The "Little You" is an imaginary, third-person observer of your interactions with others. The four human endowments enable you to make choices in any situation. The "Little You" helps you make those choices.
Are you selfish, self-focused, and self-indulgent? Welcome to the human race! You can't adequately control yourself, yet you want to be in control of everything else. Is there any hope for you? Sure--some ideas here!
Organiztions that strive for excellence are continually seeking improvement. One way to do that is to routinely ask two questions after every ativity, project, meeting, and event. Those two questions are in this article!
Everything is created twice. Ah, but how soon after the mental creation does the physical creation occur? "Too soon" may cause problems. So might "too delayed."
Your little boy (or girl) is the holder of your emotions--which can really hurt you, or can propel you into the future against all odds. Learn how to control that little boy or girl, and you control your future!
"Many of the truths we cling to depend greatly on our point of view." We cling tightly to our points of view. Yet they often deceive us. This article addresses the value of periodic organizational health assessments.
Offers a research-based paradigm shift against three commonly accepted (but false) "truths" that influence anyone who desires to grow and become more effective.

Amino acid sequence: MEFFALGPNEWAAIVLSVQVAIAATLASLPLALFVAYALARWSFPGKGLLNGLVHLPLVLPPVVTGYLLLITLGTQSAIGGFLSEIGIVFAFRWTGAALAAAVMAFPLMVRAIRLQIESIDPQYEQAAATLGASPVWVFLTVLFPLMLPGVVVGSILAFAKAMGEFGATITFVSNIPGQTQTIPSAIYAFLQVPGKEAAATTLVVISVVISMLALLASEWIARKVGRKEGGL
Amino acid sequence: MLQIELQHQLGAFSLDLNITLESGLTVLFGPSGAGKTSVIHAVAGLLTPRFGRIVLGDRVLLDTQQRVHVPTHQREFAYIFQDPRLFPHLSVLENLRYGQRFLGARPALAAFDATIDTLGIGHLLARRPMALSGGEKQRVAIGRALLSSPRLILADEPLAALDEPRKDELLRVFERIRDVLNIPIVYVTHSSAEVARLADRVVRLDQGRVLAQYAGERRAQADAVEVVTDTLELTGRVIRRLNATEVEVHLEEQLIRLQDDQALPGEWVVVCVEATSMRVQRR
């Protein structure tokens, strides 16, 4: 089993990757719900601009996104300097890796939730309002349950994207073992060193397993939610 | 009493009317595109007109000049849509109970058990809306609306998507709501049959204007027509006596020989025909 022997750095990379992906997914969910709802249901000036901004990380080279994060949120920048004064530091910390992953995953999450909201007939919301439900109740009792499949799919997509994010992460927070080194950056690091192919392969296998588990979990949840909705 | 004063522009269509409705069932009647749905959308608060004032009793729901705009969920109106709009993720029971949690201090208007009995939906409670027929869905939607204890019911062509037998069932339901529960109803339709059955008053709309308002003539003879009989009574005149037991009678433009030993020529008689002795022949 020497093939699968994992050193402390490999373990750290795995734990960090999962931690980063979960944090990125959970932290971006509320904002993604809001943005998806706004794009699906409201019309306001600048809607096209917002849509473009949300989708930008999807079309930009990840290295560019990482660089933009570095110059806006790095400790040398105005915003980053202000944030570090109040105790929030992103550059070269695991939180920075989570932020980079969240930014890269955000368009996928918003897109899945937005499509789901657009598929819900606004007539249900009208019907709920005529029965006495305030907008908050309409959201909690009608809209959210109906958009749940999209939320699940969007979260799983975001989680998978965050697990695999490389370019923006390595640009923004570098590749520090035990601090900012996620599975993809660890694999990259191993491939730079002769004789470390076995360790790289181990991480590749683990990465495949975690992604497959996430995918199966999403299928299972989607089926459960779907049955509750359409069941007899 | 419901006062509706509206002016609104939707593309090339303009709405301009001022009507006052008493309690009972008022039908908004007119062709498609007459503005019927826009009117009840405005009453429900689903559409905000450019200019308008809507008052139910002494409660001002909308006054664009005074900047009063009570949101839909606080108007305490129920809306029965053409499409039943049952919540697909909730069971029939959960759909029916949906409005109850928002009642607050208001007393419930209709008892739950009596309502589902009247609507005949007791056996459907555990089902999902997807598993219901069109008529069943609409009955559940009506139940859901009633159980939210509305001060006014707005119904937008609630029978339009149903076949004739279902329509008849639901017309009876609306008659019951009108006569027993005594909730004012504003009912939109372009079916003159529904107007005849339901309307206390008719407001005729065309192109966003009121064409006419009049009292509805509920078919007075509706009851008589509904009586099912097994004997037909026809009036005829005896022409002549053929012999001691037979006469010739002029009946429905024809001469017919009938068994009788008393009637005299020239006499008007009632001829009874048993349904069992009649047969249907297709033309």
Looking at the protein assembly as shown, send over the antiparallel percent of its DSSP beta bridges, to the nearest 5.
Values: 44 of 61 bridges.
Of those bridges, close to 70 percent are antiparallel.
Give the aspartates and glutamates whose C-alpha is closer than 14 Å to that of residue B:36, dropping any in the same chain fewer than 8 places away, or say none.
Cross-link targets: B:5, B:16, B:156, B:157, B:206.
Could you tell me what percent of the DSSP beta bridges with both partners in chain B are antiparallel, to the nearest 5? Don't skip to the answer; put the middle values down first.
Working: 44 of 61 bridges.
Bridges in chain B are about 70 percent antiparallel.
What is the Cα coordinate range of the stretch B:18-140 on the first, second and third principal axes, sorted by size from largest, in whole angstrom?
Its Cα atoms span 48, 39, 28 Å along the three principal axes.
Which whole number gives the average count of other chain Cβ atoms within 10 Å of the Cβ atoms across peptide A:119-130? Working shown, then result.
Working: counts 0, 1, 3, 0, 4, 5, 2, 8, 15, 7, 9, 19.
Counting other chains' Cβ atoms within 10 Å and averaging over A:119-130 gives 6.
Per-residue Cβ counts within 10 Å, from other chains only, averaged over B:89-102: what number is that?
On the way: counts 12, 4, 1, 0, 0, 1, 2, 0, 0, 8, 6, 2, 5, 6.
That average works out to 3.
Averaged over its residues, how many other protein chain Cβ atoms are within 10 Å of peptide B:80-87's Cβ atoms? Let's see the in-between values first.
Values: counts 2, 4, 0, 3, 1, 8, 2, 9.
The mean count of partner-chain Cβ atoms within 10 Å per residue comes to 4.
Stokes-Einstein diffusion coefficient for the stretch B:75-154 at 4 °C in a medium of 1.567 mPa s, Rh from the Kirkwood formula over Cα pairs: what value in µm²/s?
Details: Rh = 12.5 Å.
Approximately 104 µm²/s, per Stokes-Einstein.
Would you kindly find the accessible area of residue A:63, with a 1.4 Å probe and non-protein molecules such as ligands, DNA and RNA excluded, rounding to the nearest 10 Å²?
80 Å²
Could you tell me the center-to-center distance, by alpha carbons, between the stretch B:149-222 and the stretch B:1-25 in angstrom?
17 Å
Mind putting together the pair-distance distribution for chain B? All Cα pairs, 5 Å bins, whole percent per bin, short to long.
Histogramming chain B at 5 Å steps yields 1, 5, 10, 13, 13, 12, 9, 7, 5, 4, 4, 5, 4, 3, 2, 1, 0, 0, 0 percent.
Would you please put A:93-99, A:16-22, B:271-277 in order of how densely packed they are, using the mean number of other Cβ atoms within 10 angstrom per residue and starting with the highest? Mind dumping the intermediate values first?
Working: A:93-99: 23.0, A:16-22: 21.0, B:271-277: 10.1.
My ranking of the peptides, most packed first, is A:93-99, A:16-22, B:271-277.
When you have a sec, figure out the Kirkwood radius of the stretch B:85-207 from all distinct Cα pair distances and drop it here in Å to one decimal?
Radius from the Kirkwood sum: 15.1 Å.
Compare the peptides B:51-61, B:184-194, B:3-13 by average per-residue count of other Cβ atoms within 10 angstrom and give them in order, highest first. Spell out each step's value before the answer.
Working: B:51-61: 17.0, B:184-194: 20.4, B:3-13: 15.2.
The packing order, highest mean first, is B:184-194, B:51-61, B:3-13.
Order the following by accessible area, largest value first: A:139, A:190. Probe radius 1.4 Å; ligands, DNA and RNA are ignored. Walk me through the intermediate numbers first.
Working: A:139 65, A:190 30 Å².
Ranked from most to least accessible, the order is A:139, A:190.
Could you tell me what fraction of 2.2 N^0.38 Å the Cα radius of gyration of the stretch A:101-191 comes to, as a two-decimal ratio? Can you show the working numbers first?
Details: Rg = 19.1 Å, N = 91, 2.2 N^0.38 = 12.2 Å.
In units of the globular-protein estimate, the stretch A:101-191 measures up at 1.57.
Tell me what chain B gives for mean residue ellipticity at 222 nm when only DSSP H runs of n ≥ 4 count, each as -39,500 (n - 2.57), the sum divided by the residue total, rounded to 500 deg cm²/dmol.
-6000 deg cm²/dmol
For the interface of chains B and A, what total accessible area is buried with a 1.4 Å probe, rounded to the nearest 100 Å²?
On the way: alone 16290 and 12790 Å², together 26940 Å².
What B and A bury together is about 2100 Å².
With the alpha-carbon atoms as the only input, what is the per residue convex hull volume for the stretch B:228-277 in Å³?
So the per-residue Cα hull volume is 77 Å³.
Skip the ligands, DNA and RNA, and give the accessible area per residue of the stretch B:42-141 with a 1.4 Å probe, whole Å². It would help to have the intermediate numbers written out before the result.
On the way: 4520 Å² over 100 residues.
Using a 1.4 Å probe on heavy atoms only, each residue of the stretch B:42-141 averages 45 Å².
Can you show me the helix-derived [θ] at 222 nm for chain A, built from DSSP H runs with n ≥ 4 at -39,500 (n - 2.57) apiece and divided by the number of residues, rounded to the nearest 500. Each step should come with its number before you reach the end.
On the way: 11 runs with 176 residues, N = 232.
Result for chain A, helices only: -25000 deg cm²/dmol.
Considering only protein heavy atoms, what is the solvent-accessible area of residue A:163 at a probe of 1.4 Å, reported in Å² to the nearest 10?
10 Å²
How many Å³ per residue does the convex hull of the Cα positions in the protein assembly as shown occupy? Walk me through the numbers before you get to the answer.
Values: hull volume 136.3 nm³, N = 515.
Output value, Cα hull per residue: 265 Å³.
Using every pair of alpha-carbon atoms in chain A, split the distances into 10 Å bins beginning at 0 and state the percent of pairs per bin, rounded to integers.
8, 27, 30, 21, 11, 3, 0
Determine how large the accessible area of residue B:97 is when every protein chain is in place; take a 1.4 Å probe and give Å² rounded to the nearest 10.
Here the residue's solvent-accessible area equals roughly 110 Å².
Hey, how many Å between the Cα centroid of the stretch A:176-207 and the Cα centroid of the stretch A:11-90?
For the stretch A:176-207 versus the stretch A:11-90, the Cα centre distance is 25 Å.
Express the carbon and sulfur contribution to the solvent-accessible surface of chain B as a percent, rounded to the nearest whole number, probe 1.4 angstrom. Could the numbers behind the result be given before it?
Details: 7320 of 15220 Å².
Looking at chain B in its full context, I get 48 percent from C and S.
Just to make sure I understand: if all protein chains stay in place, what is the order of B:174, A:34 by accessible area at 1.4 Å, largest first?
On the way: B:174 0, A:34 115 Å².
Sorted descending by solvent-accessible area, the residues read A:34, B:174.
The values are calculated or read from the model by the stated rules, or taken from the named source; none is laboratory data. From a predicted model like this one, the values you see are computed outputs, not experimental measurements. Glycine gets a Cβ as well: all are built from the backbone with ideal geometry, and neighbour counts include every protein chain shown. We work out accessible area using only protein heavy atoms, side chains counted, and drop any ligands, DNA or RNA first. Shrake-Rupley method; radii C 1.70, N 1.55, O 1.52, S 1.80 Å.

Introduces the commonly accepted "Six Stages of Change." Provides brief description of each stage.
Suggests that a leader cannot just "go through the motions" and be successful. Describes a simple, yet effective way to mentally prepare for achieving desired outcomes.
Refers to the book Made to Stick; offers three types of stories (challenge, connection, and creativity) that can help you, the leader, inspire your organization about "what could be."
Offers a simple "root cause analysis" tool for moving beyond symptoms to the actual causes of problems.
An introduction to the "Law of Indirect Effort" and applying it to the relationship of leaders and their followers.
Guidance for leaders in capitalizing on the gap between current relatity and a future "what could be" vision.
Stimulates your thinking about what preferences your direct reports have for your behaviors when choosing from among twenty of the top characteristics typically desired in a leader.
Offers a suggestion for how you can both improve communication with your direct reports and better serve them.
We make choices about what a given situation means, what we will focus on, and what we will do in response to that situation. This article focuses on "making meaning" of the given situation.
Addresses the misconception that all that is required to "get ahead" is competent, reliable performance in your current role. The information in this article astounds many well-meaning and honorably motivated people!
If the answer is not immediately obvious to you, you should probably do some reflecting to find your answer to that question. Being intentional about your motives is a powerful perseverance tool!